Castigating letting agents across London, he called for rent controls and widespread intervention in the sector, including licensing.

Speaking to the Institute for Policy Research, Livingstone said: “We must actually intervene into the private rented sector.”

Livingstone said: “No tenant in the private rented sector should have to pay more than one third of their wage in rent. What London needs is a London-wide non-profit lettings agency. So I can announce today that I will work with other stakeholders to establish one that can start to make a change in the private rented sector for the better. It will put good tenants in touch with good landlords across the spectrum of private renting so that both can benefit from security of tenure and reduce the costs of letting. The new agency would get to grips with the problem of rogue landlords and tackle a series of issues on accreditation, inspection and enforcement, licensing and energy efficiency, as well as tenants’ deposits protection. Through this work we will challenge the scandal of rip-off agency fees, horrific standards and the daily experience of disputes over deposits in the private rented sector. In the coming weeks I will set out more detail of how this new arm of the Mayor’s role will work.”

The response from the current mayor of London, Boris Johnson, reckons rent controls would be devastating and he would tackle things much differently.

Mr Johnson has said as London Mayor he would introduce a new London-wide accreditation scheme for all landlords.

A new London Rental Standard, which would accredit private landlords. He would also introduce a ‘rent map’ to give tenants more information on fair rents in their local area.

But he will not countenance rent controls, hitting back at election rival Ken Livingstone’s plans and saying they would be ‘devastating’ for the sector.

A spokesperson for the Mayor said: “The proposal of rent controls would be devastating for the sector. Rent controls were ended in the UK because they were counter-productive. Whatever the ideological appeal, the mayor does not have the power to introduce them, and even if he did, they would be devastating for the construction industry. It would result in fewer homes being built and lead landlords to invest less in stock. Other major international cities such as New York are removing rent controls for precisely these reasons.”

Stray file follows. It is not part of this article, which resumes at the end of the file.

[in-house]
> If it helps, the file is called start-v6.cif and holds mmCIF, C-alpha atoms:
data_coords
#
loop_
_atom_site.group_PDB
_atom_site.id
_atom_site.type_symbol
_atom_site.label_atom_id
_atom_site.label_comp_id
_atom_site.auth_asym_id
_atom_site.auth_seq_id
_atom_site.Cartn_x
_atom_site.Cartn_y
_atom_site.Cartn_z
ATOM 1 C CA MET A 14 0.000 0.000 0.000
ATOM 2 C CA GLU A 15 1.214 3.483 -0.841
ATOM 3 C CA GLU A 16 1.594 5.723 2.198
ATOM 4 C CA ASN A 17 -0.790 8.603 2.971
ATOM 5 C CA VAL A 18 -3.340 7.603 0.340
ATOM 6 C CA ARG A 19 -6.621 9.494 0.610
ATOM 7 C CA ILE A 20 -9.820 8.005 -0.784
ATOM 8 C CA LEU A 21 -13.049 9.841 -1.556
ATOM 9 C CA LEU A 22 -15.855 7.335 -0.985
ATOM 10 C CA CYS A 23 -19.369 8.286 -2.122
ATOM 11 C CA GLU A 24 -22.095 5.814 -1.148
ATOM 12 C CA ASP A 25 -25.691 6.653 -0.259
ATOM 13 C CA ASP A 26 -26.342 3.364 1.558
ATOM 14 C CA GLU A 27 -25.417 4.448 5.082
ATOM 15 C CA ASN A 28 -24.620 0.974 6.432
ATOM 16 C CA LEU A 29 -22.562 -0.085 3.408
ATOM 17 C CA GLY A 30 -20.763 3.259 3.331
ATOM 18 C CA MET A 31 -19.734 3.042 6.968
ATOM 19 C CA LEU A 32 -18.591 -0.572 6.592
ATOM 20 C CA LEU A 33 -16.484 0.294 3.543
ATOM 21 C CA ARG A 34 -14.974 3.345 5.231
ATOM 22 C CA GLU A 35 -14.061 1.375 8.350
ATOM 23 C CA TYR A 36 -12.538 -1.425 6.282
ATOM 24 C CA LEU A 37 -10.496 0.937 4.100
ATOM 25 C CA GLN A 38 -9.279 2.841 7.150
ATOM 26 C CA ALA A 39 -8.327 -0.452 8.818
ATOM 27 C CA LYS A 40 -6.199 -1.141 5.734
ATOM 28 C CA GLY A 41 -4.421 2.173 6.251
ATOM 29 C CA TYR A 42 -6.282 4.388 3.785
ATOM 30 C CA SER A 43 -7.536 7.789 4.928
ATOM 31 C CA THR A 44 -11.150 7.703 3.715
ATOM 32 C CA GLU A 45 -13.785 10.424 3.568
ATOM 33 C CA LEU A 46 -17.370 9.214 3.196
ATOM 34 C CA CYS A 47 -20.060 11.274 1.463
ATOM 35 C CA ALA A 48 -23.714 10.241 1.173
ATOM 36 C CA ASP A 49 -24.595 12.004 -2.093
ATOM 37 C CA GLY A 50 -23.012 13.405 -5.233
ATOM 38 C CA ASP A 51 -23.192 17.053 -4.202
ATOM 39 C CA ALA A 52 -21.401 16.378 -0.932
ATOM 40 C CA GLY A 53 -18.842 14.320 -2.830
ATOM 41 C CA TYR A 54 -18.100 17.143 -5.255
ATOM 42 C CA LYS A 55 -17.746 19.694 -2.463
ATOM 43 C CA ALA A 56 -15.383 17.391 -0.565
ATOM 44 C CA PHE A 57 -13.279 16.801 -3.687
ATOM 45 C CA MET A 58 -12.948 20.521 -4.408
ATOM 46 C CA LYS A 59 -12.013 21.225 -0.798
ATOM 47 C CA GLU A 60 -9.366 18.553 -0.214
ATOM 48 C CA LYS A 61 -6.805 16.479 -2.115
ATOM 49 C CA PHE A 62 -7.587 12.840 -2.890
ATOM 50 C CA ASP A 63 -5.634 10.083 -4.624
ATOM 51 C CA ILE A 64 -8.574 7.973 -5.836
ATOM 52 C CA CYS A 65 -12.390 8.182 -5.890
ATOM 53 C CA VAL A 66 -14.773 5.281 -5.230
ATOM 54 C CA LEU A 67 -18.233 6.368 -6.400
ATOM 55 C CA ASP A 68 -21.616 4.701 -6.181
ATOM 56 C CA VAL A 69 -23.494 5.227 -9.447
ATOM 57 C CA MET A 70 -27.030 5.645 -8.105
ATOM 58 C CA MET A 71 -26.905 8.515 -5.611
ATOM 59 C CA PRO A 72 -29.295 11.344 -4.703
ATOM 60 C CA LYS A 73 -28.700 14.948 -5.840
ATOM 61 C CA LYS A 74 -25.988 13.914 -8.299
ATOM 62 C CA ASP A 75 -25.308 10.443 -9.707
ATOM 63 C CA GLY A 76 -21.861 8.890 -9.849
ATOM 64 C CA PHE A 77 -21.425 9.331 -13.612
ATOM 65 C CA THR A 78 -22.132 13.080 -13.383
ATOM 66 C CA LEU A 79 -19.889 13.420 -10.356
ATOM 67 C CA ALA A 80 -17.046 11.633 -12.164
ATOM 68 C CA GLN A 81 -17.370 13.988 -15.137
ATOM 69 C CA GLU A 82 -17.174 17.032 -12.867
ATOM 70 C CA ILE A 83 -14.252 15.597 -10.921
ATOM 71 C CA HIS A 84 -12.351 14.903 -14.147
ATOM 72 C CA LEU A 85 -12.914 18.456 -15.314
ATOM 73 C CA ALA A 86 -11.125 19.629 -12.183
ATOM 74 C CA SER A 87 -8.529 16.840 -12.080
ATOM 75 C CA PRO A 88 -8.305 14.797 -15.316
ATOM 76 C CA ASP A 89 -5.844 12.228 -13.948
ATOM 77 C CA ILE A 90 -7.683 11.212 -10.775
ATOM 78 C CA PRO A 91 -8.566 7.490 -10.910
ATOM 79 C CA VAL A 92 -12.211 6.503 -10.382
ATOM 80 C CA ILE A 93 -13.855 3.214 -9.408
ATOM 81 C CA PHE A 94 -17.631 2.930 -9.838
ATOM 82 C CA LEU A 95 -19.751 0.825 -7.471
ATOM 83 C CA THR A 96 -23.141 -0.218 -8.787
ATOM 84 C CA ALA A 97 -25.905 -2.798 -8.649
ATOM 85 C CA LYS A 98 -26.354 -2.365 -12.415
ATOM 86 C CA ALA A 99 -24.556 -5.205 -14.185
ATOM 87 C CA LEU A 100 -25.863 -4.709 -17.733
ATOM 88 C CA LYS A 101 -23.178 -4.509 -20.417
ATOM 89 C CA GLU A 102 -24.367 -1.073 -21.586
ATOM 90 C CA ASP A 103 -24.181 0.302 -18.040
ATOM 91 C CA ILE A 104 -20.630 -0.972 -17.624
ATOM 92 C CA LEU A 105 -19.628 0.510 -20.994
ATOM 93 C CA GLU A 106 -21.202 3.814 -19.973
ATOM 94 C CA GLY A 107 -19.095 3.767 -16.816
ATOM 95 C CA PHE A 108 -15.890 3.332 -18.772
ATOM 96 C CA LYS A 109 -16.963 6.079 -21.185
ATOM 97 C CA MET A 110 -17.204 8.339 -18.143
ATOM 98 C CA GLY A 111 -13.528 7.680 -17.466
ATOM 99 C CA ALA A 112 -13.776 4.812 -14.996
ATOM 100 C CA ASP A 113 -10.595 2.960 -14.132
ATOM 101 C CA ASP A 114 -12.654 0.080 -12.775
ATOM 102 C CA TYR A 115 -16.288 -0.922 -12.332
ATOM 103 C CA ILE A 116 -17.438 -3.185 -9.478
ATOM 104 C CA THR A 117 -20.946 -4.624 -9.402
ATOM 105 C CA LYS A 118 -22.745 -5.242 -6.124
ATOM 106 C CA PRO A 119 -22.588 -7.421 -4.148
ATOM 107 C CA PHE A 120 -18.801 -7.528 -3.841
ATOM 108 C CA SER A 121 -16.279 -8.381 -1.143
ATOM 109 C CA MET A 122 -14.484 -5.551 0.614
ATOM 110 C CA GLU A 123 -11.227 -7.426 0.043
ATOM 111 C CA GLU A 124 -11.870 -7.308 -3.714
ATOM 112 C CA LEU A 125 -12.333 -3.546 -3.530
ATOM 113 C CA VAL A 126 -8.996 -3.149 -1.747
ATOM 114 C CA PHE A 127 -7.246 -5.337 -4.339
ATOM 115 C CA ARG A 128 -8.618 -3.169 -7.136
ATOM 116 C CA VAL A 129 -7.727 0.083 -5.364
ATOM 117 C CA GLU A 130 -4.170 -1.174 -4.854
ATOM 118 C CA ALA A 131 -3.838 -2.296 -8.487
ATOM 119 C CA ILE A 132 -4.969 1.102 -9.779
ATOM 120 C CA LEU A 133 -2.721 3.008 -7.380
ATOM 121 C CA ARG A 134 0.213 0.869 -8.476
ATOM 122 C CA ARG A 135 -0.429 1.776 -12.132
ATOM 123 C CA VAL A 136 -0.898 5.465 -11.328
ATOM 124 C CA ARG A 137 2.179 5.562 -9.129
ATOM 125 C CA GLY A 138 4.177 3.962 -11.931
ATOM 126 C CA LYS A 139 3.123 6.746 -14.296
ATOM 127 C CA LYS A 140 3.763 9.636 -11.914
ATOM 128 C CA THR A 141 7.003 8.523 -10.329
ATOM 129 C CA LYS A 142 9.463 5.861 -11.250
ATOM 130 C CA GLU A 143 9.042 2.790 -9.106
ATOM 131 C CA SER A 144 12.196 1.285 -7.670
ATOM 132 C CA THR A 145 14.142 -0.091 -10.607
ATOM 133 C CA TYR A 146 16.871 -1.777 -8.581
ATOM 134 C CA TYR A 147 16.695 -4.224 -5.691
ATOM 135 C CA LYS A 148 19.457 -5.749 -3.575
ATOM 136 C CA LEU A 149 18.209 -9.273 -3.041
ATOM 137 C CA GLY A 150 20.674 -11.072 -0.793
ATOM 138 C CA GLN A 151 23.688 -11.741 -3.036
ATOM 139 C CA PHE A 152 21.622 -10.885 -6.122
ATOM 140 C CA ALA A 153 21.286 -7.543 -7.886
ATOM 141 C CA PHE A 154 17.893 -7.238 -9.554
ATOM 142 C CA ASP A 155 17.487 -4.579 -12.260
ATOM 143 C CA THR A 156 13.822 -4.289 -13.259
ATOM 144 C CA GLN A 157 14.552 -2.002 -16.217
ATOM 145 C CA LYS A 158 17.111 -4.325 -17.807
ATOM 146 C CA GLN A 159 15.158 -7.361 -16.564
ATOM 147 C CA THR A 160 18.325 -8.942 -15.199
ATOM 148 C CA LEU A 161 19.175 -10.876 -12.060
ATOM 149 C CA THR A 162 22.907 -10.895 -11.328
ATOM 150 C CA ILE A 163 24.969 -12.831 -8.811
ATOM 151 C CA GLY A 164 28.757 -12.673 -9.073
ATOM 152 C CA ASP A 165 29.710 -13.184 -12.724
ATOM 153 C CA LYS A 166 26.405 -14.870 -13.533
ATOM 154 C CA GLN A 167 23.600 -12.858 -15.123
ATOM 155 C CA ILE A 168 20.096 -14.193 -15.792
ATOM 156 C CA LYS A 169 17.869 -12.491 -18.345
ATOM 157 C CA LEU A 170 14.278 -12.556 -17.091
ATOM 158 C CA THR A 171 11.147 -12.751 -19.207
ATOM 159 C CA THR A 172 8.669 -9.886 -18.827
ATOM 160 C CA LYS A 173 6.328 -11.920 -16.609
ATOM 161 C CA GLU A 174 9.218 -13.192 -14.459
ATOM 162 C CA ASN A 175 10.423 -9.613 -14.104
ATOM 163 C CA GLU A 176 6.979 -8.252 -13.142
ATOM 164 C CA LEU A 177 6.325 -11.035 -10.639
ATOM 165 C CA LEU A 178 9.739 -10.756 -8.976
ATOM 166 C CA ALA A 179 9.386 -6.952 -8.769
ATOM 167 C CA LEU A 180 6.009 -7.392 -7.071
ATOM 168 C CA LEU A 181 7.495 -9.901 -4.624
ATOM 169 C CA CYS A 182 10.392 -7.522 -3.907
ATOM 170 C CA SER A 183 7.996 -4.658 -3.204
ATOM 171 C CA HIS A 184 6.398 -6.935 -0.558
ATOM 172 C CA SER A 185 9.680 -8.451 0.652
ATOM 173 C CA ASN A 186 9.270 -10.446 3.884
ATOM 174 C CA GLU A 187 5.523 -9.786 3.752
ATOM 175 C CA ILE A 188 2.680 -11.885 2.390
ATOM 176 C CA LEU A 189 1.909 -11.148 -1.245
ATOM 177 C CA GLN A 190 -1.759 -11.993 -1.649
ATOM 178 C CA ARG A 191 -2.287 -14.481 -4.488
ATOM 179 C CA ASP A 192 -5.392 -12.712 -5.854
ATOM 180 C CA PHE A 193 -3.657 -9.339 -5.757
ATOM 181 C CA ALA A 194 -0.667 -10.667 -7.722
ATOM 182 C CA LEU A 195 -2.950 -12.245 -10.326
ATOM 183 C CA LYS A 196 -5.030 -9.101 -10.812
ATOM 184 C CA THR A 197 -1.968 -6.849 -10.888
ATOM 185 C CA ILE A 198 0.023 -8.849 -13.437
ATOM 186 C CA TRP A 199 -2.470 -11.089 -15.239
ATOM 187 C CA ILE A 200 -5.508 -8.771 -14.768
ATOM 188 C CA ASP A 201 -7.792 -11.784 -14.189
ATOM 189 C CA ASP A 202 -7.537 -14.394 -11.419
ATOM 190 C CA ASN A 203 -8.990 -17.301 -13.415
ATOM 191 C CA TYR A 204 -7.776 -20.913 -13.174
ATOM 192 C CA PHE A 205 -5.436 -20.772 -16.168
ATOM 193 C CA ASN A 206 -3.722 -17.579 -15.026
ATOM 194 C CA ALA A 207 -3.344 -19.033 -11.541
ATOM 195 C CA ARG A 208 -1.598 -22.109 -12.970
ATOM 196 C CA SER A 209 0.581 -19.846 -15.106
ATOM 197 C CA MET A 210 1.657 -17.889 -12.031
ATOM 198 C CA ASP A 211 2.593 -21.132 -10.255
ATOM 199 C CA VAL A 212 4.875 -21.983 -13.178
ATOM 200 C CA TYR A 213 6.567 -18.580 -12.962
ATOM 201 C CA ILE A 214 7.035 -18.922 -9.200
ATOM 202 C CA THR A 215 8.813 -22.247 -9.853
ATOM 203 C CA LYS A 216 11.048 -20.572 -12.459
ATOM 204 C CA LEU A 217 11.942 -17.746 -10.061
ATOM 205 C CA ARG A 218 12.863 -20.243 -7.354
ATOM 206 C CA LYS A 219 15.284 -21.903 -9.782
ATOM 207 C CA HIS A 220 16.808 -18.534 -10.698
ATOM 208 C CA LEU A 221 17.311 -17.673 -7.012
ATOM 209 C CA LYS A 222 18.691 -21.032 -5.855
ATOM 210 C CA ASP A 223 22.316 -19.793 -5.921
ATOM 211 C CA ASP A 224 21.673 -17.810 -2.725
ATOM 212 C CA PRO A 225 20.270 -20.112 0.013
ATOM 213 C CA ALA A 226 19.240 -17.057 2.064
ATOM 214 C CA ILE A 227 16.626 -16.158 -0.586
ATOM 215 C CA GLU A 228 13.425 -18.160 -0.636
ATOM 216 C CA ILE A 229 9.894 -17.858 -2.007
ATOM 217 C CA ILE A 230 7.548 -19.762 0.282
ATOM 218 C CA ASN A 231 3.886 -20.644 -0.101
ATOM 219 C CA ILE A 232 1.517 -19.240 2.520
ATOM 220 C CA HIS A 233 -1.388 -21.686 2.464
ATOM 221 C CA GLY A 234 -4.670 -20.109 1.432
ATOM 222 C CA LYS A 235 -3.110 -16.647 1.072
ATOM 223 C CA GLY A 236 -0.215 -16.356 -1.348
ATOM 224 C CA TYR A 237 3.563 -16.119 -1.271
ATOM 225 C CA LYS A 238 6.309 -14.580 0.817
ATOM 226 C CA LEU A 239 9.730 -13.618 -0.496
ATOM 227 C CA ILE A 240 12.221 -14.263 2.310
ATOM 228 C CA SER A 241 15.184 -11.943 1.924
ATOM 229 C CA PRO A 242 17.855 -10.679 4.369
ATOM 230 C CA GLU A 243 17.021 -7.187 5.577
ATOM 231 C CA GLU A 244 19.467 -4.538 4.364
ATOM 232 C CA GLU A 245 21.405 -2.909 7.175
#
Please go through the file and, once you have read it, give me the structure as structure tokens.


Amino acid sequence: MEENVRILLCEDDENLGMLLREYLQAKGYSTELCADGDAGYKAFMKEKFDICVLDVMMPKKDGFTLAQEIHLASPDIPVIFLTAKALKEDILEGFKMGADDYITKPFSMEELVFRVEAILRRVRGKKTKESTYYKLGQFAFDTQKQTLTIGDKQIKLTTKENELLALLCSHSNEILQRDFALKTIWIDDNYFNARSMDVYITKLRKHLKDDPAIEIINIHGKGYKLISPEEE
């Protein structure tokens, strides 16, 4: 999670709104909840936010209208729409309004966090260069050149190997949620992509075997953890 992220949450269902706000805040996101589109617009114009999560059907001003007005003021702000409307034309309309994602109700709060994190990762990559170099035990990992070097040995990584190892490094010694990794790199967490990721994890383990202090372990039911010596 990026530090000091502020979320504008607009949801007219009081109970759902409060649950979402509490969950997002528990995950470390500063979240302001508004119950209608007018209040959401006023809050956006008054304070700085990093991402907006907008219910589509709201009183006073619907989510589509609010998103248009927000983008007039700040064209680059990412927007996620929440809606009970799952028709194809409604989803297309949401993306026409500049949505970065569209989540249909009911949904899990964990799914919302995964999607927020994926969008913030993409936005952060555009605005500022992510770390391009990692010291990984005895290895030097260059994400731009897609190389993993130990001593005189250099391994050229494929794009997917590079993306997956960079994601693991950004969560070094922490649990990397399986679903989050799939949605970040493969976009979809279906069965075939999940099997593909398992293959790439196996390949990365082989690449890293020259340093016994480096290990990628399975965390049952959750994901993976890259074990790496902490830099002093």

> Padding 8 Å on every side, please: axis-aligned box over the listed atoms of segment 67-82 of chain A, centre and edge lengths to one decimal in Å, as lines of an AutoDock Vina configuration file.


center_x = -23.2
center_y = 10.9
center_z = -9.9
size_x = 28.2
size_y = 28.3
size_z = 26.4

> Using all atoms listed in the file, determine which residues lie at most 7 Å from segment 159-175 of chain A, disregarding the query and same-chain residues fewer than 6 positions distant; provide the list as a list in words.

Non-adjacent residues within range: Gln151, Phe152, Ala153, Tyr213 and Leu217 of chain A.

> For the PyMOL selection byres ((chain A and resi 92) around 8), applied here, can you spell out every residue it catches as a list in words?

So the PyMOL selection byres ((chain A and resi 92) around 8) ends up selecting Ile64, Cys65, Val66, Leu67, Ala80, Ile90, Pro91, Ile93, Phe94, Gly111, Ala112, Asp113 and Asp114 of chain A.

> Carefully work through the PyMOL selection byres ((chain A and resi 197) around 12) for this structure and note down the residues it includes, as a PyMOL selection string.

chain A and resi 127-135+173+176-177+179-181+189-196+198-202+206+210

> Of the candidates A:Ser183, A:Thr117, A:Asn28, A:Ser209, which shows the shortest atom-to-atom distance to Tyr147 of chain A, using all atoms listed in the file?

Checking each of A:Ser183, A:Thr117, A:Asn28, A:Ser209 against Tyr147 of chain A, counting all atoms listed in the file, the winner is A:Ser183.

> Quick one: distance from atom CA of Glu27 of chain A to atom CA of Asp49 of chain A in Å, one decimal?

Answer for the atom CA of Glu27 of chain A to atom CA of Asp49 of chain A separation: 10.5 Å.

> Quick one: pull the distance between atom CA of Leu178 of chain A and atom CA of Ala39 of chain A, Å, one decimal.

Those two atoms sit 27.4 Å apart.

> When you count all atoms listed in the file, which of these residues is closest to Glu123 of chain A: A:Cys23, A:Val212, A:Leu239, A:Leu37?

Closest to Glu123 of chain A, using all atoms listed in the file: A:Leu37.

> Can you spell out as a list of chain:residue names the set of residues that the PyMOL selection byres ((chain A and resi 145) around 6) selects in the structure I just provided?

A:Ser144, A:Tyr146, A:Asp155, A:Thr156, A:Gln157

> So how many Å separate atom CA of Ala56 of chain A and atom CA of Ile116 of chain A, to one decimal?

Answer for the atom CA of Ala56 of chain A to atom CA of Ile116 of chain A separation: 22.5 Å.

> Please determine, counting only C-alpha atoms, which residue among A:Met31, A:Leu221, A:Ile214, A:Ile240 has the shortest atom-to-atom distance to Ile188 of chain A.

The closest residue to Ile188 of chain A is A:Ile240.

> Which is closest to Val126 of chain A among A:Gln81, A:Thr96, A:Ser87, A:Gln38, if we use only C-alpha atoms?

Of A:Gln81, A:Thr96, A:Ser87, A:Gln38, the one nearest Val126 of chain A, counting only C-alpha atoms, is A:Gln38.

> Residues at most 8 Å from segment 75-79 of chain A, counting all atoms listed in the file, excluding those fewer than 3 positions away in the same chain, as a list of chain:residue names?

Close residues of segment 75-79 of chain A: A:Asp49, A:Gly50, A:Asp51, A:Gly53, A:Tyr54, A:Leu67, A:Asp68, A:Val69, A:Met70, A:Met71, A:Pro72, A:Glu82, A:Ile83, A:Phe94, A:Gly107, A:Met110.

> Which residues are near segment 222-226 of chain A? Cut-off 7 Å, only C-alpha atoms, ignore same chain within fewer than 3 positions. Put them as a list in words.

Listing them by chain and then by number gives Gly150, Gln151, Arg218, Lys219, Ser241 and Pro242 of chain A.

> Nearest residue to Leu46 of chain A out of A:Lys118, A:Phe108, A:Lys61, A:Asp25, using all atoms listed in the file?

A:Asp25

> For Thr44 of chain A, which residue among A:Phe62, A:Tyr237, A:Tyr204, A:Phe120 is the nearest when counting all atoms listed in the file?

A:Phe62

But, chairman of the Residential Landlords Association, (RLA), Alan Ward was severely critical of both Livingstone’s and Johnson’s proposals. He said: “Livingstone’s call for rent controls is an old idea that never worked in the past. Until 1988, rent controls resulted in a shortage of supply and poorer conditions for tenants. Hardly a remedy for 2012. There is no doubt that rents in the capital remain far higher than anywhere else in the country, but the answer lies in improved supply.”

Mr Ward said of Johnson’s ideas: “With over 10,000 landlords in London already members of the London boroughs’ accreditation scheme, it would seem a waste of time and money re-inventing the wheel in this way. The Mayor should focus on supporting and encouraging existing accreditation schemes, freeing his office up better to target the minority of landlords who bring the sector into disrepute. This should be matched by a programme of serious tenant education, providing tenants with all the information needed to better hold their landlords to account for the service they provide. It beggars belief that some people spend more time assessing the state of a car they wish to buy than the homes they seek to rent.”